Case Author(s): Daniel Appelbaum, MD and Farrokh Dehdashti, MD , 5/8/00 . Rating: #D3, #Q4
Diagnosis: CNS lymphoma
29 year old HIV positive female with a past history of CNS toxoplasmosis now presents with new onset seizures.
Selected axial and coronal MR images are shown. What is your differential diagnosis? How could you further distinguish between benign and malignant etiologies?
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View second image(pb).
Axial images from a brain PET study.
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Same axial images, for those who prefer color-scale.
View fourth image(mc).
Corresponding MR and PET images.
Full history/Diagnosis is available below
Diagnosis: CNS lymphoma
This is a 29 year old female, HIV positive, who presented with new onset seizures. She had been diagnosed with CNS toxoplasmosis several years ago which involved primarily the deep white matter and basal ganglia. A recent brain MR now demonstrated a new enhancing lesion near the periphery of the right frontal lobe. Given her history, toxoplasmosis recurrence was considered likely. However, given the MR appearance, CNS lymphoma also figured prominently into the differential. PET was obtained to help distinguish between the two possibilities.
10.0 mCi F-18 fluorodeoxyglucose iv.
The brain MR demonstrates an enhancing mass in the right frontal lobe with surrounding vasogenic edema. The brain PET demonstrates FDG activity corresponding exactly to the mass lesion. The degree of activity is equal to or slightly greater than the normal grey matter. In addition, a large area of decreased activity surrounds this lesion, which corresponds to edma seen on MRI. Also, there is slightly decreased activity diffusely throughout the left cerebellar hemisphere.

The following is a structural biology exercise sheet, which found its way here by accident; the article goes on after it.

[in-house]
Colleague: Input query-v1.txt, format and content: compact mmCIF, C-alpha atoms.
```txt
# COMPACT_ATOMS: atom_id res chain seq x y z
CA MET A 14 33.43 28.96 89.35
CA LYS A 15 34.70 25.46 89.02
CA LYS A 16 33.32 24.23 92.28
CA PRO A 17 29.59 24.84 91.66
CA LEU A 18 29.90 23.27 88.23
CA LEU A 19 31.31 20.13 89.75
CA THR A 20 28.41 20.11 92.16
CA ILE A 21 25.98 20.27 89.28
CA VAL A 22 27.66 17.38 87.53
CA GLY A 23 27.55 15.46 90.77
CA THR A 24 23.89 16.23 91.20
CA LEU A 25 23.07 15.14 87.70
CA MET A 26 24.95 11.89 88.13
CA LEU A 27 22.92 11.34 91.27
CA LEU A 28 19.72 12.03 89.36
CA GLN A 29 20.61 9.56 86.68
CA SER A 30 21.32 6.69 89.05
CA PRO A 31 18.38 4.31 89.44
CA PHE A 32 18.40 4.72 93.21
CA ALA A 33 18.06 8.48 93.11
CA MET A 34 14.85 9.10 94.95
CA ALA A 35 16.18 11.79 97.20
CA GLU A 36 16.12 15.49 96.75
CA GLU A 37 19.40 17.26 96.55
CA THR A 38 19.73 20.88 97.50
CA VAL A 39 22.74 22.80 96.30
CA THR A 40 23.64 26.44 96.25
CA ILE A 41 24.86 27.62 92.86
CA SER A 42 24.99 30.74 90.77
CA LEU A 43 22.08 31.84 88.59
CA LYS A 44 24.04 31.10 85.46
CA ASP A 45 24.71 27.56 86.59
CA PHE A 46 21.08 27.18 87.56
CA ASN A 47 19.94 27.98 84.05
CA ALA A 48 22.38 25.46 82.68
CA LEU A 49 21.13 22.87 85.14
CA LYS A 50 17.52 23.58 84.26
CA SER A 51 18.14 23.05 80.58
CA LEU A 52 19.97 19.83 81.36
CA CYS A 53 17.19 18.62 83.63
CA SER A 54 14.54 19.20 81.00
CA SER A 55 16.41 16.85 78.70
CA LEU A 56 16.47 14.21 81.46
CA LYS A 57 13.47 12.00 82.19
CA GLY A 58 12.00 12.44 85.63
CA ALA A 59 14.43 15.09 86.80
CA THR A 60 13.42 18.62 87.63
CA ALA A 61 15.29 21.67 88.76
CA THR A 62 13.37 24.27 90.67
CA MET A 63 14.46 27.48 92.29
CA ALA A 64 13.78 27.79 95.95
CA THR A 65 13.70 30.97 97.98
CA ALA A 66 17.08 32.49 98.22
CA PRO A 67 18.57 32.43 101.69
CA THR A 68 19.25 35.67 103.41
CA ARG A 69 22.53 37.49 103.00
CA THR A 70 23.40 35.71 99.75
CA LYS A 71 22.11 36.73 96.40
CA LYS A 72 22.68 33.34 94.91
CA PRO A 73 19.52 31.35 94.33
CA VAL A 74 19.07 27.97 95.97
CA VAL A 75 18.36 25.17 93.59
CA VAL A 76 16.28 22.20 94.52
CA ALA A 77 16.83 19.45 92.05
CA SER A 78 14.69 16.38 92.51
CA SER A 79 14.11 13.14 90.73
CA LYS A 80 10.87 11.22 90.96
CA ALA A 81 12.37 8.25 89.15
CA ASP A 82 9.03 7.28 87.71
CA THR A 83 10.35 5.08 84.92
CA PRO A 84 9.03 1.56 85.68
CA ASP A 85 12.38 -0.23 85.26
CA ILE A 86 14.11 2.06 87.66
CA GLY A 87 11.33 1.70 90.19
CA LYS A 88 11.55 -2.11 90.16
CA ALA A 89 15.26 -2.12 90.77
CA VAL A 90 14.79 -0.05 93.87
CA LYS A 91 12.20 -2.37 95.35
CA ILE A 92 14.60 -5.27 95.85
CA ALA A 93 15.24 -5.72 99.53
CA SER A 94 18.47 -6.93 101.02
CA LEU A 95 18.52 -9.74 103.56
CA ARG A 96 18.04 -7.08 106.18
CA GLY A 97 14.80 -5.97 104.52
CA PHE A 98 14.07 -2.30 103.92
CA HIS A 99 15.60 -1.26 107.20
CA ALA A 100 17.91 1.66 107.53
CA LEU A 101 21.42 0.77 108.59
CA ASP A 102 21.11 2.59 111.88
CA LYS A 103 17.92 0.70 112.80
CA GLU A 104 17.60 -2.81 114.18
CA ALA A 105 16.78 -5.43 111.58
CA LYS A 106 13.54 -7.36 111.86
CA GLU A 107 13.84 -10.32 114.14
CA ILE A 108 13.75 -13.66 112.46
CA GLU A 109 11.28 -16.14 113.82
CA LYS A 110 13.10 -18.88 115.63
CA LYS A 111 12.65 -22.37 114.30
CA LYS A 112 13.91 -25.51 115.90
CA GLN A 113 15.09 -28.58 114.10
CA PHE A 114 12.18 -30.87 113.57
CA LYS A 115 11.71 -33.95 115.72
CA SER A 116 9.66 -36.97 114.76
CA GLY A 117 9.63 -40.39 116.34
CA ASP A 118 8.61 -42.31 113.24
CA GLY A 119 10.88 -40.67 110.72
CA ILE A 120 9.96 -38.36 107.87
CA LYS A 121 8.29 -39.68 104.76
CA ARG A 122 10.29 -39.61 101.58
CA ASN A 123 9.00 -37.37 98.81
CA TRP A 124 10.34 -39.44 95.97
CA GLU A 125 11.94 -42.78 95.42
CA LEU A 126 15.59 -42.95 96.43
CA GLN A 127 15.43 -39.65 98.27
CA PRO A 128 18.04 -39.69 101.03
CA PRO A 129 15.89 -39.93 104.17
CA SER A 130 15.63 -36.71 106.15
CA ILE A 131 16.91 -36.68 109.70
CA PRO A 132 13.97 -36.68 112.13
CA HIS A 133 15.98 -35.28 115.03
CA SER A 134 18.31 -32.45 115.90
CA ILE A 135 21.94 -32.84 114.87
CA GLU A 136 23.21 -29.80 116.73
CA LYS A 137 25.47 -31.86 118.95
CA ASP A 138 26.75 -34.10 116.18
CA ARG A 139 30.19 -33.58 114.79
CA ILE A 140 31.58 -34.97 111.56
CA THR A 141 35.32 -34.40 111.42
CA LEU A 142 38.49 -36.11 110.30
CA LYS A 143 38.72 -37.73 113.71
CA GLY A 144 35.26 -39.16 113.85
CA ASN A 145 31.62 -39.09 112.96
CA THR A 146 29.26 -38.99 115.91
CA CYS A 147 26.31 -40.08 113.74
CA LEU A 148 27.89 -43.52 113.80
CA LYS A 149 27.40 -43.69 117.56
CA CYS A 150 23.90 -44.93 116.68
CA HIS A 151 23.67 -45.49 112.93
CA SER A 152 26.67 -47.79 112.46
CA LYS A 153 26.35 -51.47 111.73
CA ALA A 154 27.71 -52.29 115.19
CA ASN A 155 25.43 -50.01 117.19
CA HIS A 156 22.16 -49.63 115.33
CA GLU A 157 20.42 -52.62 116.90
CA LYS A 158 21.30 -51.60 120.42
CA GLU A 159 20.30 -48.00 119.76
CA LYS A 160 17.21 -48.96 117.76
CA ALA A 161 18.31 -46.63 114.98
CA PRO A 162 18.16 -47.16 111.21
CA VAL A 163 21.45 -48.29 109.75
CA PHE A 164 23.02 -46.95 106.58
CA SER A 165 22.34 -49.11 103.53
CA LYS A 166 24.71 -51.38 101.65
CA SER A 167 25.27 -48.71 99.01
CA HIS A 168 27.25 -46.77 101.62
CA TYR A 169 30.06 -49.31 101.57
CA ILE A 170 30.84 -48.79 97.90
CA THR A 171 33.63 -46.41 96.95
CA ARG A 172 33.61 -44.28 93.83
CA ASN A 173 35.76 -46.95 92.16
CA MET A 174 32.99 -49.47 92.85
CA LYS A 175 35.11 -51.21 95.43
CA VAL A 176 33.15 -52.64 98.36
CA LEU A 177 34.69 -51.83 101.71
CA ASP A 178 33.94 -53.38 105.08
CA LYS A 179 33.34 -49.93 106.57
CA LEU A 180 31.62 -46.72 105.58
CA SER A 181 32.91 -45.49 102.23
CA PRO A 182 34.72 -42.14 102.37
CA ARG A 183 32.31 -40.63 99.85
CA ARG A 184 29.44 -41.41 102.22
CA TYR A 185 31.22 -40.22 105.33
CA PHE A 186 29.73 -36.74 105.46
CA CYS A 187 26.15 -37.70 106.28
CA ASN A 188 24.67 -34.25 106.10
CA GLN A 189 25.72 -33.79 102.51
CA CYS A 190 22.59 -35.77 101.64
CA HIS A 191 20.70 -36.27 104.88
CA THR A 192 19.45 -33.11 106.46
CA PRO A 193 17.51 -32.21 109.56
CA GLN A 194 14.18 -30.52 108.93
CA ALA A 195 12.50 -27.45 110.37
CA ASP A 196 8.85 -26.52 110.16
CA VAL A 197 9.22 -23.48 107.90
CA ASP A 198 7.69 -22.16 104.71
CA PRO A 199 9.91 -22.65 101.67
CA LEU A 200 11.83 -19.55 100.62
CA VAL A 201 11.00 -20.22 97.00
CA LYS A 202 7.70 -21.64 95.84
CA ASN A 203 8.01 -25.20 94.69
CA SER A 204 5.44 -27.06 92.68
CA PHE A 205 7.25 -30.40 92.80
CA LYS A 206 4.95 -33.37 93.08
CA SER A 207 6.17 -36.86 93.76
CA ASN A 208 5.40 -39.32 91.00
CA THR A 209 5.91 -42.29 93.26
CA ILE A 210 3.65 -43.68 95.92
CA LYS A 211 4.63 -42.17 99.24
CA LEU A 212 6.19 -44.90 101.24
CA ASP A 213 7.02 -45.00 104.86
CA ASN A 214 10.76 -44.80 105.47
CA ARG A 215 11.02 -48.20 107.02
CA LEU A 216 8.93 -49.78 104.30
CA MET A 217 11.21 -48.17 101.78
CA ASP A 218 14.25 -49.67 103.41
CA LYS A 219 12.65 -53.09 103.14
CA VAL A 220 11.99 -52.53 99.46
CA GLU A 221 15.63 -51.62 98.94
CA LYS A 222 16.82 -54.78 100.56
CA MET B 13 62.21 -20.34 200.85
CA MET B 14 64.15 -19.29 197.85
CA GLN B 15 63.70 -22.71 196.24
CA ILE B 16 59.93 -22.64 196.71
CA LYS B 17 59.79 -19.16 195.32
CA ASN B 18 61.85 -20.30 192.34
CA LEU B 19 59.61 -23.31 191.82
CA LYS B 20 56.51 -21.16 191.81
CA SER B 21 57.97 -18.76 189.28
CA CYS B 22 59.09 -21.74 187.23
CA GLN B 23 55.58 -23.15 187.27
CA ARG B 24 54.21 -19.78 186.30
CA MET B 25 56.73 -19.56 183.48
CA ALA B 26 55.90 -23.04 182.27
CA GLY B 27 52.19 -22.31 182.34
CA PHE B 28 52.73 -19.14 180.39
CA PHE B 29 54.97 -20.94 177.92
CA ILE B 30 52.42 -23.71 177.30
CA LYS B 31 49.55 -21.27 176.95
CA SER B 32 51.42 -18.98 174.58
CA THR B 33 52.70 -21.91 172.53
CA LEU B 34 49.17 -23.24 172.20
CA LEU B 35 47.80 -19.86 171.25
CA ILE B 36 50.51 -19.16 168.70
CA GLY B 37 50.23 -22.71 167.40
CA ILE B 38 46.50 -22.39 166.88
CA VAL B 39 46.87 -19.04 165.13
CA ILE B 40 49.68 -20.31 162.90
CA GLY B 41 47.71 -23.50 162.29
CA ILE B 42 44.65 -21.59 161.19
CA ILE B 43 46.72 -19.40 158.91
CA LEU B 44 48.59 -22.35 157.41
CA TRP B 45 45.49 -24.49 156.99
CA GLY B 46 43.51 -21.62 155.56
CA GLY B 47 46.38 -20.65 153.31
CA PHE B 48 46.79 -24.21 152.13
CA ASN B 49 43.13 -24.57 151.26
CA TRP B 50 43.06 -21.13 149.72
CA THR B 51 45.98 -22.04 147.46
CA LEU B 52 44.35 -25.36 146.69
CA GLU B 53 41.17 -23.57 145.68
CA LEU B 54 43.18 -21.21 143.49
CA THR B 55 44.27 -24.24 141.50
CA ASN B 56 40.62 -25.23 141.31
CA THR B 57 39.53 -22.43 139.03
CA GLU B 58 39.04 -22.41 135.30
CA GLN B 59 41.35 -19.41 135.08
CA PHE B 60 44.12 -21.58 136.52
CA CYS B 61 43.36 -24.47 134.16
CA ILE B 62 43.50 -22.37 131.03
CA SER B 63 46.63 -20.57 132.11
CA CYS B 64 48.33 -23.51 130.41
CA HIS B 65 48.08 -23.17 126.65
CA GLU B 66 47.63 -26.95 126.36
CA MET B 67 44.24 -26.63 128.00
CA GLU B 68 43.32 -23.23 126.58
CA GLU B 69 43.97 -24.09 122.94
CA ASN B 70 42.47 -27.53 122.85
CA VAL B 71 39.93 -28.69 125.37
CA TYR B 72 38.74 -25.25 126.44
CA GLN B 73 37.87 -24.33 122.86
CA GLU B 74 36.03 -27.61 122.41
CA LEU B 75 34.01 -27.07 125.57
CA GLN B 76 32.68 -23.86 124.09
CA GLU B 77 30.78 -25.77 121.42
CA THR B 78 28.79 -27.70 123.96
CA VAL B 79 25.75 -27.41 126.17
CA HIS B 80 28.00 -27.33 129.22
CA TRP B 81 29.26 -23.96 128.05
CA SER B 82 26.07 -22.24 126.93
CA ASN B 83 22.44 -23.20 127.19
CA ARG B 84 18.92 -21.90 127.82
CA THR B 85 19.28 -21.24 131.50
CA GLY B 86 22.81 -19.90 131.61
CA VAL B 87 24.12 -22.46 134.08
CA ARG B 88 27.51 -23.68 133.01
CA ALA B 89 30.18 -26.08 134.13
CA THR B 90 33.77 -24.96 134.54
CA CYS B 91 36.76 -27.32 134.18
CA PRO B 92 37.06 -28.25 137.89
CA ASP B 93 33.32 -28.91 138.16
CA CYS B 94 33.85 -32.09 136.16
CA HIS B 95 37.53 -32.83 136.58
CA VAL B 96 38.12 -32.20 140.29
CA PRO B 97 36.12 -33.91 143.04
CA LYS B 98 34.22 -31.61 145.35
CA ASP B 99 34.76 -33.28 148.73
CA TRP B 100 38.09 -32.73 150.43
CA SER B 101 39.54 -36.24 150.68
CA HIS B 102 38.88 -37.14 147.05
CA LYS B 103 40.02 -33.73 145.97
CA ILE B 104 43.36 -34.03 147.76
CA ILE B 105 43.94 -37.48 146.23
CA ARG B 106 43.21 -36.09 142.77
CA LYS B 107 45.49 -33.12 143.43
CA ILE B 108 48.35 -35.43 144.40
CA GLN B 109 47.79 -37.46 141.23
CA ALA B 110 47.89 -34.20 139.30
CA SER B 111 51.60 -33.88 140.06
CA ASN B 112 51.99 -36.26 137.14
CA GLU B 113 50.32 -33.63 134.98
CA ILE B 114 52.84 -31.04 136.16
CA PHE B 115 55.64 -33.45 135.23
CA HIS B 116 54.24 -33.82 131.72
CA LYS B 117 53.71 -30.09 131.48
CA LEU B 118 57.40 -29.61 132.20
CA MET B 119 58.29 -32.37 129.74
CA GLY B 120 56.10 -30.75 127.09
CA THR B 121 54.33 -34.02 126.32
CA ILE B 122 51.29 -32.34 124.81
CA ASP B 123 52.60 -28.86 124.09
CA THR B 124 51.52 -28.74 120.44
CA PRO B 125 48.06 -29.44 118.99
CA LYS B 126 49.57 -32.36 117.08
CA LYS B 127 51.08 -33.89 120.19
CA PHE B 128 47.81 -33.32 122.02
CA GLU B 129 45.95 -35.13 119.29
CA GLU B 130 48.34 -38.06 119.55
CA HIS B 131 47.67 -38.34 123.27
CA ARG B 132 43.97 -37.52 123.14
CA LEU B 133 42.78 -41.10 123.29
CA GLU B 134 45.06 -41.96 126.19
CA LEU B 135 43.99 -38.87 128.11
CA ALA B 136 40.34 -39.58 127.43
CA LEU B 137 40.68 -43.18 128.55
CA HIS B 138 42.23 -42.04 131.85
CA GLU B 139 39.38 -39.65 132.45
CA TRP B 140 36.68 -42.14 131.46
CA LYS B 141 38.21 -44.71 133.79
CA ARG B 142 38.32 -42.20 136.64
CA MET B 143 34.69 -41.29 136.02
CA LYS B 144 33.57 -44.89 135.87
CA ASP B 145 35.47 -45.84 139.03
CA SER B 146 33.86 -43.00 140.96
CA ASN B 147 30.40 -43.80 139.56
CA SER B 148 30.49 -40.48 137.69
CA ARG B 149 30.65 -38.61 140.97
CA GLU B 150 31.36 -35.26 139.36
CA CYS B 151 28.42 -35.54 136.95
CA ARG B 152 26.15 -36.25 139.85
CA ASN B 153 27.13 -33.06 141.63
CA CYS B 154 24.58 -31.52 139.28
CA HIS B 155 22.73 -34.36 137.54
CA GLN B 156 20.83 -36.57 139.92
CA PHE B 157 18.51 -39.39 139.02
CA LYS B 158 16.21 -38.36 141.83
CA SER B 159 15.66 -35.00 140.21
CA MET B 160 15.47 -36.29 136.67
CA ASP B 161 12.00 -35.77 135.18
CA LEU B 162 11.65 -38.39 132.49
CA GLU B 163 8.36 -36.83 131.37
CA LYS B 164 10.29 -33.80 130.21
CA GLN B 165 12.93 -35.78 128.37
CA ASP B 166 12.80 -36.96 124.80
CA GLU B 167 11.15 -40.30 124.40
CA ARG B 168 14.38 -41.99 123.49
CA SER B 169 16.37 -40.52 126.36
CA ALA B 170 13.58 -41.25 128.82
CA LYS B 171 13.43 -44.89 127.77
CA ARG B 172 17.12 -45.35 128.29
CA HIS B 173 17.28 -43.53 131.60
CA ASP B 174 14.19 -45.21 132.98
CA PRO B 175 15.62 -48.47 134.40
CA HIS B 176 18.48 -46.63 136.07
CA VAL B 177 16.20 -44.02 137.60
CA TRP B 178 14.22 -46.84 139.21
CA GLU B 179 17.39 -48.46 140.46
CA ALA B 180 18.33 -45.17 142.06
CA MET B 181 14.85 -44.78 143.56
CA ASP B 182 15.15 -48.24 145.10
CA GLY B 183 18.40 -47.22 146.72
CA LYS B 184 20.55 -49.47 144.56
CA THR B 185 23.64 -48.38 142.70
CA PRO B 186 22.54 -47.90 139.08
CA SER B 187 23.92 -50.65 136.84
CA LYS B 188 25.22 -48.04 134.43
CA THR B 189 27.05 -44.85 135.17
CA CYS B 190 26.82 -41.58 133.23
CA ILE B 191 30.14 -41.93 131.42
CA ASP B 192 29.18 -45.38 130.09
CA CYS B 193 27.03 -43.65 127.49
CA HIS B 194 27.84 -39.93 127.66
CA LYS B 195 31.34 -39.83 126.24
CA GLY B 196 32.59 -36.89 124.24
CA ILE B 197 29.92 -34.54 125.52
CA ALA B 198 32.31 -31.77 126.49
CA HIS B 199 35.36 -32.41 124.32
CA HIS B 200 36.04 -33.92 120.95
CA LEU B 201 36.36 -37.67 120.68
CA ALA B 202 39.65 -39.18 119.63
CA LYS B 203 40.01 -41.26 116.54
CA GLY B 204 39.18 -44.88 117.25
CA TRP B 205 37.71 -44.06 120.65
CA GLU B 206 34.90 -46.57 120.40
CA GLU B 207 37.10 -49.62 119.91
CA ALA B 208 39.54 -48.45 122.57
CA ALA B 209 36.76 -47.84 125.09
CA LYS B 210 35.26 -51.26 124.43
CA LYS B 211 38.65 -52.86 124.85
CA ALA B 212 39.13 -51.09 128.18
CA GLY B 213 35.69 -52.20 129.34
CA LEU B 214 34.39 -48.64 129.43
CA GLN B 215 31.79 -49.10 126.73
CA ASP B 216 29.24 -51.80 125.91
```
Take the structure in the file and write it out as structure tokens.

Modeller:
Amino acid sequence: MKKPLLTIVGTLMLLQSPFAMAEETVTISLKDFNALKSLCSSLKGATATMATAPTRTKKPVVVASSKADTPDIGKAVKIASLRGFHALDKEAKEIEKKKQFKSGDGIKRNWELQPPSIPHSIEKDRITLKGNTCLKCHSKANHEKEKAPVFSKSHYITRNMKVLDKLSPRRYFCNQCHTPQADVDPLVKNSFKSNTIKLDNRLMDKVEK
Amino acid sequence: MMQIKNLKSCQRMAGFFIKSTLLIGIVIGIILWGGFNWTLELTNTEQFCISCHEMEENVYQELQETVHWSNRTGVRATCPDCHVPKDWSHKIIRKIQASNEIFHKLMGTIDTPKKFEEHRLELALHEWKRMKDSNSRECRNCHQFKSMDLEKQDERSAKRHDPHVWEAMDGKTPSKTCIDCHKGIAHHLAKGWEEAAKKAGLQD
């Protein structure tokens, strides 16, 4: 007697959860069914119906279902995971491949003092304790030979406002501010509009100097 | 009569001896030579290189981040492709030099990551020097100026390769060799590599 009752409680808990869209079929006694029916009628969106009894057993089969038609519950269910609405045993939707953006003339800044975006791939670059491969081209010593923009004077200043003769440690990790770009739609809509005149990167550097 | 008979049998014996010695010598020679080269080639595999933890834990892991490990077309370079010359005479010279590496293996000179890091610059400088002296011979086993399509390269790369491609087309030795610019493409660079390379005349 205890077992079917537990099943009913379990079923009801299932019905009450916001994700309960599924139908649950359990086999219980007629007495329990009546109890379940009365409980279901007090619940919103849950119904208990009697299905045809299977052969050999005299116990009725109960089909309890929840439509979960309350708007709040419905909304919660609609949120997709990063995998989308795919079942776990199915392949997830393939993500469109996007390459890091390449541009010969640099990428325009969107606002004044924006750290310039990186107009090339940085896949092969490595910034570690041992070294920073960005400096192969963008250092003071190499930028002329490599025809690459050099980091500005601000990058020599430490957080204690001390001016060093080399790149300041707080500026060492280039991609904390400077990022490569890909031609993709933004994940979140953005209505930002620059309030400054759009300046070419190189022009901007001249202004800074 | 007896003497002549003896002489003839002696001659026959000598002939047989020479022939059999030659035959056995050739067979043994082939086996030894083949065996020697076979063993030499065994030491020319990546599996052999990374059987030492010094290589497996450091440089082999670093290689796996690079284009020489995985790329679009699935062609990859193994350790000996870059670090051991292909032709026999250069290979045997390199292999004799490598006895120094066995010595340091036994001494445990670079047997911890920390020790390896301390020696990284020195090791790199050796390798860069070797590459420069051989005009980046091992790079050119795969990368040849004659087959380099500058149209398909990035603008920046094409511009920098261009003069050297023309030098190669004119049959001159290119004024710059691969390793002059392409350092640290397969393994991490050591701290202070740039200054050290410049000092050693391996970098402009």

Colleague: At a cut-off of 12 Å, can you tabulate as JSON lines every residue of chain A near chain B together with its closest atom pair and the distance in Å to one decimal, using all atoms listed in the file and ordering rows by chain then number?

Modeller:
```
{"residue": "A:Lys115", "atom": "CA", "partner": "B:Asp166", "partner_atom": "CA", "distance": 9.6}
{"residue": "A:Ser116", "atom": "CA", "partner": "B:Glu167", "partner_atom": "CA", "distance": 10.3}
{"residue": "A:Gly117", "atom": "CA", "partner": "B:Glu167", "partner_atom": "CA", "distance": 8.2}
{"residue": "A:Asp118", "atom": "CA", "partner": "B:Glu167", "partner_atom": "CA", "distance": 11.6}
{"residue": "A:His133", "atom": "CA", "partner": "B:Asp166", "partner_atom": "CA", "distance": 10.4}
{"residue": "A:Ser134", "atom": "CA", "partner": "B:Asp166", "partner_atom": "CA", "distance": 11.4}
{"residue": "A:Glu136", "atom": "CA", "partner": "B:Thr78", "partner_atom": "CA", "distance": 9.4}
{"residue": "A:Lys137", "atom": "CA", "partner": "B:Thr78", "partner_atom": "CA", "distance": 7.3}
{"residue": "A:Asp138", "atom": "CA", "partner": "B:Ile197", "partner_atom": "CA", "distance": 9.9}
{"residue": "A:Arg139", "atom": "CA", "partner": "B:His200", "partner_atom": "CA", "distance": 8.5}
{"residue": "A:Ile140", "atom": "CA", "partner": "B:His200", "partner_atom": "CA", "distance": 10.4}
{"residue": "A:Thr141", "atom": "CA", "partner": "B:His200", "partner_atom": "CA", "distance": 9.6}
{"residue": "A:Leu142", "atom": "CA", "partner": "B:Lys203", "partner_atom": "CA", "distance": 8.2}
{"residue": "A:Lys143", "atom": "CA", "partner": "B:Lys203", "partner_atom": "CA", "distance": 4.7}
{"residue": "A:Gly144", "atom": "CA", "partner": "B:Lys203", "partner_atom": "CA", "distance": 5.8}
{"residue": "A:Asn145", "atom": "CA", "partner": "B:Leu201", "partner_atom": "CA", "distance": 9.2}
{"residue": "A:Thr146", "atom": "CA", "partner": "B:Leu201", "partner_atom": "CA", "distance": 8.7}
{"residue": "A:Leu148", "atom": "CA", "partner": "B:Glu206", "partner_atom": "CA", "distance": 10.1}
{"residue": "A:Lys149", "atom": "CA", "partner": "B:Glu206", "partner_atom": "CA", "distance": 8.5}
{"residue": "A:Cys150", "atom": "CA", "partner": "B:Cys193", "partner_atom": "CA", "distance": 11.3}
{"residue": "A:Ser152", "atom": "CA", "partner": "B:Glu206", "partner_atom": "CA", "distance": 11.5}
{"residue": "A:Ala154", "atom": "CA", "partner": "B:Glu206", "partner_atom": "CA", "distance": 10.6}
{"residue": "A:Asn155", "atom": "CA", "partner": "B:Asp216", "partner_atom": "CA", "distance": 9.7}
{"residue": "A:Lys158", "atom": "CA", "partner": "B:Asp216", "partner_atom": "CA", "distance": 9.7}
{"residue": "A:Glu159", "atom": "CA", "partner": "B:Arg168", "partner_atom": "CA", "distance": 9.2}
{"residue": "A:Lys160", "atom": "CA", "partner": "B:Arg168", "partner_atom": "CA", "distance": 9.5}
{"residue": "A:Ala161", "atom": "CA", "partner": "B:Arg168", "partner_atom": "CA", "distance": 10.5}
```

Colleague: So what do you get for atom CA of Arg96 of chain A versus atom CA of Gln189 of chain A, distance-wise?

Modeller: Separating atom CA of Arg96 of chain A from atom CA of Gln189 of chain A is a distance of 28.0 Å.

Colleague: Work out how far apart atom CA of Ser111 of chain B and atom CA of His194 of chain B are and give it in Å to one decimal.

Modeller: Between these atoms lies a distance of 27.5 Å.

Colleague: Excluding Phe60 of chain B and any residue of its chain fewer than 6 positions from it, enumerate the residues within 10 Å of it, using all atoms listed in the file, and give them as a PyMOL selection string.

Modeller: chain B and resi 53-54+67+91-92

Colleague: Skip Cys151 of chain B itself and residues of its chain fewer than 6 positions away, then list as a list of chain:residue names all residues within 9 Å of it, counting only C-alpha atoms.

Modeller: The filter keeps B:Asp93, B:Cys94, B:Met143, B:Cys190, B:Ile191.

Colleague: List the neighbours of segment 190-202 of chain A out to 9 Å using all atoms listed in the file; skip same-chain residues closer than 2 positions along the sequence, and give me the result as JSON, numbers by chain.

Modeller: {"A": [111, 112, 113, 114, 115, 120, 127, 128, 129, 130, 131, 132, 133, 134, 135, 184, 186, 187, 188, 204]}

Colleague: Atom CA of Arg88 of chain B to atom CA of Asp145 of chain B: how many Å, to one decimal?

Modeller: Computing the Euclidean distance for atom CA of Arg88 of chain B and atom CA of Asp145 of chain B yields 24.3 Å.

As is seen with lymphoma elsewhere, CNS lymphoma demonstrates increased metabolic activity and thus increased FDG uptake on PET. The lesion is quite metabolically active, the uptake seen in CNS lymphoma may be equal or greater than normal gray matter. The surrounding hypometabolism corresponds to the vasogenic edema. However, FDG uptake in toxoplasmosis is significantly less intense than normal gray matter (or CNS lymphoma). Note, however, that available literature on PET imaging of toxoplasmosis to date involves patients receiving empiric treatment for toxoplasmosis (as they often are). The decreased activity seen in the left cerebellar hemisphere is compatible with slight crossed cerebellar diaschisis, a phenomenon commonly seen with contralateral cerebral cortical pathology.
1. Hoffman et al., J Nucl Med 1993; 34:567-575.
2. Villringer et al., J Comput Assist Tomogr 1995; 19:532-536.
The patient had biopsy proven CNS lymphoma.
Major teaching point(s):
FDG-PET is very useful to differentiate CNS lymphoma from toxoplasmosis when MRI is indeterminate.
ACR Codes and Keywords:
References and General Discussion of PET Brain (Nontumor) Imaging Studies (Anatomic field:Skull and Contents, Category:Neoplasm, Neoplastic-like condition)
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Case number: pb005
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